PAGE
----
To extend students’ general and academic English language and study skills, with an emphasis on critical thinking and independent learning, in order to allow them to function more effectively in other university modules, as well as in their overall academic career.
This module has been developed to provide an alternative pathway for students who have already comfortably met the English language requirement for a UK Tier 4 visa (CEFR B2 level) by either achieving a score of 70 or above in Year 1 EAP or by gaining direct entry to Year 2, and who are thereby eligible to opt out of a year-long 10 credit EAP module in Year 2.
A. demonstrate a range of academic research skills, e.g. the ability to choose a suitable research topic, develop research questions, find and evaluate source material
B. demonstrate a range of academic writing skills, e.g. the ability to paraphrase, summarise, synthesise source material, construct an argument, use a referencing system
C. demonstrate a range of academic speaking skills, e.g. the ability to contribute to and develop a discussion, take and justify a position, offer and appropriately respond to constructive criticism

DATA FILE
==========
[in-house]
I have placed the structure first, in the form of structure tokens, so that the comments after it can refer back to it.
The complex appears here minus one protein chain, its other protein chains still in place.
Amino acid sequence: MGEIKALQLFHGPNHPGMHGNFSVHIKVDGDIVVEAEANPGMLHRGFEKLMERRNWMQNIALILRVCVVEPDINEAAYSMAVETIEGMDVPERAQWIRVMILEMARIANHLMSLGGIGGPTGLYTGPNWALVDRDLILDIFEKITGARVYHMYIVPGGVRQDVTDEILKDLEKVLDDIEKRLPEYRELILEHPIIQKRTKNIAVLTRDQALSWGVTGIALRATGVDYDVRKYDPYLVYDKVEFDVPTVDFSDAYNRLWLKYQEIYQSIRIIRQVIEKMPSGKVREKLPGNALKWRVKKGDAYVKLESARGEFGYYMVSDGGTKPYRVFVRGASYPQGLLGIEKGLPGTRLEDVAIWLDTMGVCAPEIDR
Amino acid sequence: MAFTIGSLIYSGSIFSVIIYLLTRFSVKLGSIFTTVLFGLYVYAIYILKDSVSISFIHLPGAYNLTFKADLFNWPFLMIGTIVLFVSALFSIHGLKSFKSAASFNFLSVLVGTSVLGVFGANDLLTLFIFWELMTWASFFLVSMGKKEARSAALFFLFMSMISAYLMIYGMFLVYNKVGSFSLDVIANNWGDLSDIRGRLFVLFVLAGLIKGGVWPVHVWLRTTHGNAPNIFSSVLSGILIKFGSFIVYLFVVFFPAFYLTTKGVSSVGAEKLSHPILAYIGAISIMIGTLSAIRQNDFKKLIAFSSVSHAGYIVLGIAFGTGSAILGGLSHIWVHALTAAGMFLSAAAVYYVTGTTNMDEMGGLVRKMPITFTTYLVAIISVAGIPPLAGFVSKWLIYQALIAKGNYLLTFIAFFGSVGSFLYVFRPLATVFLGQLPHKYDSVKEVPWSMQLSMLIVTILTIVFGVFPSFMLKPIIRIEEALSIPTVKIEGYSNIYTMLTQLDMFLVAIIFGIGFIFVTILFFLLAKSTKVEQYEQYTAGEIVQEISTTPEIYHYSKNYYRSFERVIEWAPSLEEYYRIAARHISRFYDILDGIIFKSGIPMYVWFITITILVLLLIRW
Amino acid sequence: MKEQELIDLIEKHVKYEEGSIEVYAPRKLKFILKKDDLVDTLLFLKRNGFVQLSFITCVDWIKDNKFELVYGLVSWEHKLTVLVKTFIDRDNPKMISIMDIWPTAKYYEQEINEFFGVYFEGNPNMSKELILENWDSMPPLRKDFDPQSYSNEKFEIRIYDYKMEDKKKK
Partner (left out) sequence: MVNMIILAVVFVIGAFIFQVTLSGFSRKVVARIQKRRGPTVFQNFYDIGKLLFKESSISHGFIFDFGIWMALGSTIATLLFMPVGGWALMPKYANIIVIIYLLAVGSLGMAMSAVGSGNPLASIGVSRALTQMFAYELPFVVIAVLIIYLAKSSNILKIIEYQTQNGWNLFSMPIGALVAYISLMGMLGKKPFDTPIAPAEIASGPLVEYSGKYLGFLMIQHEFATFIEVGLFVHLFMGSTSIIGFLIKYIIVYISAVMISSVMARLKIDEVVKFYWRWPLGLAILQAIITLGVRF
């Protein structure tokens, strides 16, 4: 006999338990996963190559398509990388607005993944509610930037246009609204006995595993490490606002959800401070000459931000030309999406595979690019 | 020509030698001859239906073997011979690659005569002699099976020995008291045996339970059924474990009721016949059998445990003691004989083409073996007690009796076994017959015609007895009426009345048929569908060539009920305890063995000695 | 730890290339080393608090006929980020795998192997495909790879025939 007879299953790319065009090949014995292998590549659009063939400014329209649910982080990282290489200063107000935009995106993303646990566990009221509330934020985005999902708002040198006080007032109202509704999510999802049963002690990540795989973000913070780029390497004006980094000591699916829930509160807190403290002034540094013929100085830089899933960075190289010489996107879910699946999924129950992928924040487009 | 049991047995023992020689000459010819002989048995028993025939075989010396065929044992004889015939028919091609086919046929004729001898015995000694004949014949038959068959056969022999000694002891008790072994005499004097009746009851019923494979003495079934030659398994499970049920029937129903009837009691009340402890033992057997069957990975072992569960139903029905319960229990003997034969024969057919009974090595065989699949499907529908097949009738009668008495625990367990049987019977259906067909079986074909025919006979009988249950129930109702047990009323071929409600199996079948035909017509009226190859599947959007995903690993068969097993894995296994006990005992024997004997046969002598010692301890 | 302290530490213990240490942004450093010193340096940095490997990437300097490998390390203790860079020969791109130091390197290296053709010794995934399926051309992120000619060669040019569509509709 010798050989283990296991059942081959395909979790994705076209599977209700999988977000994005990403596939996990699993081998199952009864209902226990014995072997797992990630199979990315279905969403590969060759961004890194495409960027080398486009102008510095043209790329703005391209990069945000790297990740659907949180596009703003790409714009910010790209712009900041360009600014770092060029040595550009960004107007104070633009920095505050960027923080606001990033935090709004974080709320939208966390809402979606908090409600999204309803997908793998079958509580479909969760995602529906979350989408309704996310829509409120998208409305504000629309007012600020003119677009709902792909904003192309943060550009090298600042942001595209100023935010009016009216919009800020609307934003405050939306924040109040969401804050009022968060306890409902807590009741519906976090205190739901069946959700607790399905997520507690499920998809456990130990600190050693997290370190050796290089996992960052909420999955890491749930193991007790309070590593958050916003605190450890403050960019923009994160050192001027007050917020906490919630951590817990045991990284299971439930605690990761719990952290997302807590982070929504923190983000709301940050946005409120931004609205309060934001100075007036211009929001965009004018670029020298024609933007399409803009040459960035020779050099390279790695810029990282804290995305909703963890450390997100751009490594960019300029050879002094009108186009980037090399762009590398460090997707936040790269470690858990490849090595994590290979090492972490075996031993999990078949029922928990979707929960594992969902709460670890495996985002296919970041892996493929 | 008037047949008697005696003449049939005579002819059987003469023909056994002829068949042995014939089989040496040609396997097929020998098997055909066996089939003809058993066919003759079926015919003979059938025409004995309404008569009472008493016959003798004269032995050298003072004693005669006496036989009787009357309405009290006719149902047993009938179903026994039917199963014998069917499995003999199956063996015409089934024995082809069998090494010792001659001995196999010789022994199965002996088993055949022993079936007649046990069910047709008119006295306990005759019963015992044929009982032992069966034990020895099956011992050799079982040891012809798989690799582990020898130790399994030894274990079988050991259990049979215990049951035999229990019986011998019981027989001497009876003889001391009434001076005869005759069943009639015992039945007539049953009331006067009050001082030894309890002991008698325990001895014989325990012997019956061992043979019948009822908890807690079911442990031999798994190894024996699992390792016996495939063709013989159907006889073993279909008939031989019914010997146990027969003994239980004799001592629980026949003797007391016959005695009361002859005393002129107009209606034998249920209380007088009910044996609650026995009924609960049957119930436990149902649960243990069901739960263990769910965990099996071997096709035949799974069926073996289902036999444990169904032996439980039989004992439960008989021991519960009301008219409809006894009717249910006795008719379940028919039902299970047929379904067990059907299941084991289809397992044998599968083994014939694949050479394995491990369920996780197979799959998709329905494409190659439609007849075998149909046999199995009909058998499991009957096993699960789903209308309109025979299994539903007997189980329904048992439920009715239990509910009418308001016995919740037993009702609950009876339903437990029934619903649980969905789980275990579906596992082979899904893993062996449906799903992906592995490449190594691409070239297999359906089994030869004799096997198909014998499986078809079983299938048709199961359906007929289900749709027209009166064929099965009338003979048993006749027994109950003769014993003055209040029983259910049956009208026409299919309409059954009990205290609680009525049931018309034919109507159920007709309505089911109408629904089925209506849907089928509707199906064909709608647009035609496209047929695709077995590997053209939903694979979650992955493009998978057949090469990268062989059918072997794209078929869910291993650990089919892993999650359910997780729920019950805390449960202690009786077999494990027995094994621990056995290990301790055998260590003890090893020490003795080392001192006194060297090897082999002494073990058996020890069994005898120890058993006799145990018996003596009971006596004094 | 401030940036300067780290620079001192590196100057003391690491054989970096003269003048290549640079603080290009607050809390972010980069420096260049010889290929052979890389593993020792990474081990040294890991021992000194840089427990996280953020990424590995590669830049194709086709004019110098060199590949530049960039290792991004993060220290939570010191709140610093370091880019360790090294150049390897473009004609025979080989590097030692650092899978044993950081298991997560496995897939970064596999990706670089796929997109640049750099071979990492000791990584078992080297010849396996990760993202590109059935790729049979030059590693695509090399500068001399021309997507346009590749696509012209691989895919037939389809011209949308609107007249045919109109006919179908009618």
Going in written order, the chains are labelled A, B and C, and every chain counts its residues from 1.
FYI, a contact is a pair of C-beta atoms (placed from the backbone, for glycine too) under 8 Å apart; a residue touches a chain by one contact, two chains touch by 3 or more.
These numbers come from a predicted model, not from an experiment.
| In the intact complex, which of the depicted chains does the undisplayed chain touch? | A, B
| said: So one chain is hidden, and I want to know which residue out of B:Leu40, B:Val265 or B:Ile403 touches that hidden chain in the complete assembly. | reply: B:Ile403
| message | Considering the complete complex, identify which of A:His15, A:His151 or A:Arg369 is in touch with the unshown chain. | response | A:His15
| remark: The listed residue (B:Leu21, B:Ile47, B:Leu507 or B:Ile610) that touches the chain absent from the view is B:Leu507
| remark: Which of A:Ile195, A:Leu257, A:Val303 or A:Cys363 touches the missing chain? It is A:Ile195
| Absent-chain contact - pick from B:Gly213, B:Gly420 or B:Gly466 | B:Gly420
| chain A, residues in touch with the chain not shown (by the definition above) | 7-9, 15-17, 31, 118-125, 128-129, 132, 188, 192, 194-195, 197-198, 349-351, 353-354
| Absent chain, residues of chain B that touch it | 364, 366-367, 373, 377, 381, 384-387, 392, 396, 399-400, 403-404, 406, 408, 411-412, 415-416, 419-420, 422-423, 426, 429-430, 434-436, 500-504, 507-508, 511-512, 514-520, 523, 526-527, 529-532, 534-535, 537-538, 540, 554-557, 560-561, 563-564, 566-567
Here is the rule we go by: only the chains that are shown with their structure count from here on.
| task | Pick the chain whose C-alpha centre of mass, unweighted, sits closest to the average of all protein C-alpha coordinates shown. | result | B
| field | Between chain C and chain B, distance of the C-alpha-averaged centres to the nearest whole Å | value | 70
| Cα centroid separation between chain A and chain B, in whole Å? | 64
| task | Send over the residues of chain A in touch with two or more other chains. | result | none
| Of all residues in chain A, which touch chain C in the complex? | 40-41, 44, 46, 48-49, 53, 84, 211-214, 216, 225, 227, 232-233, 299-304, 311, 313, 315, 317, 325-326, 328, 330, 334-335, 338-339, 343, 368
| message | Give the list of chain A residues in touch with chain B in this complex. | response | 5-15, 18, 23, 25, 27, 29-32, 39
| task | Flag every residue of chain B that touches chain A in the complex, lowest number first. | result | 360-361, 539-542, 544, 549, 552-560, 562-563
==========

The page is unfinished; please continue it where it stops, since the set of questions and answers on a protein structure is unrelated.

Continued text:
D. demonstrate a range of academic reading skills, e.g. the ability to distinguish main ideas from details, identify and evaluate arguments including the student's own, proofreading strategies
Students will have four hours of classroom contact time (seminars) and approximately 8 hours of self-study per week. The seminars will be conducted using various EAP teaching approaches and methodologies that encourage students to discover meaning and knowledge independently and through working with peers. There will be a focus on general EAP skills, including the academic listening, reading, writing and speaking skills required to complete assignments, coursework and examinations.
Students will also be given guidance on, and opportunities to practice the various skills mentioned in the learning outcomes. The self-study activities will be extensions and/or consolidation of work carried out in the seminars.
No more than two classes per semester (four hours) will be replaced with one-on-one or group tutorials.